Our student presenter talked about vaping, prescription drug misuse, pharm parties, and molly. We discussed increasing and decreasing trends over time for specific drugs, and differences by college vs. non-college, and country (Monitoring the Future is a great resource for substance use prevalence rates. Also, check out vast differences by country across Europe). Here’s one example of a graph I made a couple of years ago from the ESPAD website:
And we talked about one of the aspects of substance use that interests me most, event specific drinking/prevention. This topic included work that shows that: (1) college students drink more at spring break, but only if they go on trips with friends; (2) if examined on a week by week basis, college students drink more during the times they’re away from school, such as, in addition to spring break, Thanksgiving and Christmas/New Years (and also Guavaween); (3) Saint Patrick’s Day only causes a major change in drinking (measured as BAC) if it’s on a normally non-drinking day; if it’s on a Thursday, it’s not that different from other Thursdays. We talked about my research group’s study on State Patty’s Day – a student constructed holiday that led to increased drinking and increased police reported offenses. And different ways to approach college student drinking.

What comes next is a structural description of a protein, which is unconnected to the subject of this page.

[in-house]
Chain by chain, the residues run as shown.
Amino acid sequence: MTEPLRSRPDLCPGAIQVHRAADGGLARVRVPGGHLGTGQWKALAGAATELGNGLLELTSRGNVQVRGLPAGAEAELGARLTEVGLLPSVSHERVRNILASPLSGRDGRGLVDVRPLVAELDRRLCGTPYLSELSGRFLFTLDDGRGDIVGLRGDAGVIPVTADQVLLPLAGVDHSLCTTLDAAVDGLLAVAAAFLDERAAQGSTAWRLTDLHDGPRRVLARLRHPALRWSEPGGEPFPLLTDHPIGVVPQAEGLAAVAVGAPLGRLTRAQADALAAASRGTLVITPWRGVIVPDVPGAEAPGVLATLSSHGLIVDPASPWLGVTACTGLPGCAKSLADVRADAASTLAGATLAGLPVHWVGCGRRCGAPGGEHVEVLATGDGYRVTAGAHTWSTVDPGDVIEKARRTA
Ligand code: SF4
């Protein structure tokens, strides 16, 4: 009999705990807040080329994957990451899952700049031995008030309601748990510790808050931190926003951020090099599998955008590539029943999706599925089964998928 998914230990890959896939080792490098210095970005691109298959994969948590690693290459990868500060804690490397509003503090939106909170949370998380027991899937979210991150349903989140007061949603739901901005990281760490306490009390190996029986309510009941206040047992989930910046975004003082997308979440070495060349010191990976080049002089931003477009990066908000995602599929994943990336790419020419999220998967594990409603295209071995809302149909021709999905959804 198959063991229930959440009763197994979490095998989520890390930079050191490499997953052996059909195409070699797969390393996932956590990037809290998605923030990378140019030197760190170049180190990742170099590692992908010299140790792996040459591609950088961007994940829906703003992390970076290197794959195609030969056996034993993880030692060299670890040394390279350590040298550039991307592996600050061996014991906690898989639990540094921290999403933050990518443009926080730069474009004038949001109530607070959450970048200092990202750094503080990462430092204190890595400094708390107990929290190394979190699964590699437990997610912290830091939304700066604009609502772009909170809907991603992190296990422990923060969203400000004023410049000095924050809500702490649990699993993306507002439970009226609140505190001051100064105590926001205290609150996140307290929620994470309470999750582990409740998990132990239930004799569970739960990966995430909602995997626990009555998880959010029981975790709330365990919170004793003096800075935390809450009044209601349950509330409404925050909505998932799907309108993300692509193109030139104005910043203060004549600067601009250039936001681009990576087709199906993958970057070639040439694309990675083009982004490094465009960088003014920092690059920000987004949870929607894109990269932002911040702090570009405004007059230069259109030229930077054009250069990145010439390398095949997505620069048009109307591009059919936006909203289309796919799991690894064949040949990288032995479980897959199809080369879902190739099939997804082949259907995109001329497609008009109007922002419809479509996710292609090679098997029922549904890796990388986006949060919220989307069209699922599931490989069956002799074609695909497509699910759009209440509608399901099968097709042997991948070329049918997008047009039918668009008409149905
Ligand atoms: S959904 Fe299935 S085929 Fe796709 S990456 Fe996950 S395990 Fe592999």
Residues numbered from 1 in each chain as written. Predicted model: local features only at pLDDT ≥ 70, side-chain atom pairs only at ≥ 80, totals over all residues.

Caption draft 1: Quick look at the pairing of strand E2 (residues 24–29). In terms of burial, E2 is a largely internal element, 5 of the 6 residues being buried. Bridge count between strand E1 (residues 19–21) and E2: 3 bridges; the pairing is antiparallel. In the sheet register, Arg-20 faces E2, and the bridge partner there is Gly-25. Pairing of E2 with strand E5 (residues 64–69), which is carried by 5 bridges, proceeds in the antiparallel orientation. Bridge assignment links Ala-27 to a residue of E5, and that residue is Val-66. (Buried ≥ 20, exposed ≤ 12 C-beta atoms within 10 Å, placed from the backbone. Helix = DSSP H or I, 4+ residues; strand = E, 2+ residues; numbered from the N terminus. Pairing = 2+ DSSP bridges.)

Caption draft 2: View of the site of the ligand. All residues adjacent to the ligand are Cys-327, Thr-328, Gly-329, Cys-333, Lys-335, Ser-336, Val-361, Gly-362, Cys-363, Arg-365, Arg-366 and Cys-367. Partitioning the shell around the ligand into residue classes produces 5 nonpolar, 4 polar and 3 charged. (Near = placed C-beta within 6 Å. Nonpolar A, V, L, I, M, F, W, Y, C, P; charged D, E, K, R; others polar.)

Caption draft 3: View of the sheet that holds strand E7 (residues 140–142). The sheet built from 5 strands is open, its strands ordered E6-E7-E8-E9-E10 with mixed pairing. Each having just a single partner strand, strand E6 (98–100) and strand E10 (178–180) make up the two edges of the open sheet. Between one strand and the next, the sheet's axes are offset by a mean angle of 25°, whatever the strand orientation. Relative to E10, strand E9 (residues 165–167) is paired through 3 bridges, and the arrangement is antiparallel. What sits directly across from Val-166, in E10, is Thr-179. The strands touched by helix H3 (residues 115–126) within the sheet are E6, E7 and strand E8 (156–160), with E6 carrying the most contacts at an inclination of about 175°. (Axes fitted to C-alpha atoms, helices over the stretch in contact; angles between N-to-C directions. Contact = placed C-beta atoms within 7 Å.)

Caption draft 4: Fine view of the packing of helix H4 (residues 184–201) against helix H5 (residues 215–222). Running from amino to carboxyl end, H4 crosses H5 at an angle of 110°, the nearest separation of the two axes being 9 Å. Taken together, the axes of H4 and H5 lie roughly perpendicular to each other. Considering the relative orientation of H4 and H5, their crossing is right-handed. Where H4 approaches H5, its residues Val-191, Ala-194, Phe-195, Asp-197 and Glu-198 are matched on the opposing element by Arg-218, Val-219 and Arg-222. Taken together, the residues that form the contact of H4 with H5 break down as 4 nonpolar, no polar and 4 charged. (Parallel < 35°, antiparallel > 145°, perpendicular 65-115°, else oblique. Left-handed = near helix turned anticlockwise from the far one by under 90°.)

Finally, one student shared an article that used peer network analysis to demonstrate that even after controlling for friends’ alcohol use, friends’ parents’ knowledge/monitoring and discipline were linked to adolescents’ own alcohol use. That is, adolescents’ friends’ parents may have an influence on adolescents’ alcohol use behavior (don’t know how I feel about this finding as a parent. I used to hope that my children would have nerdy friends, but now I also have to think about the friends’ parents!).
“The post This week in Adolescent Development: Substance use first appeared on Eva Lefkowitz’s blog on April 7, 2014.”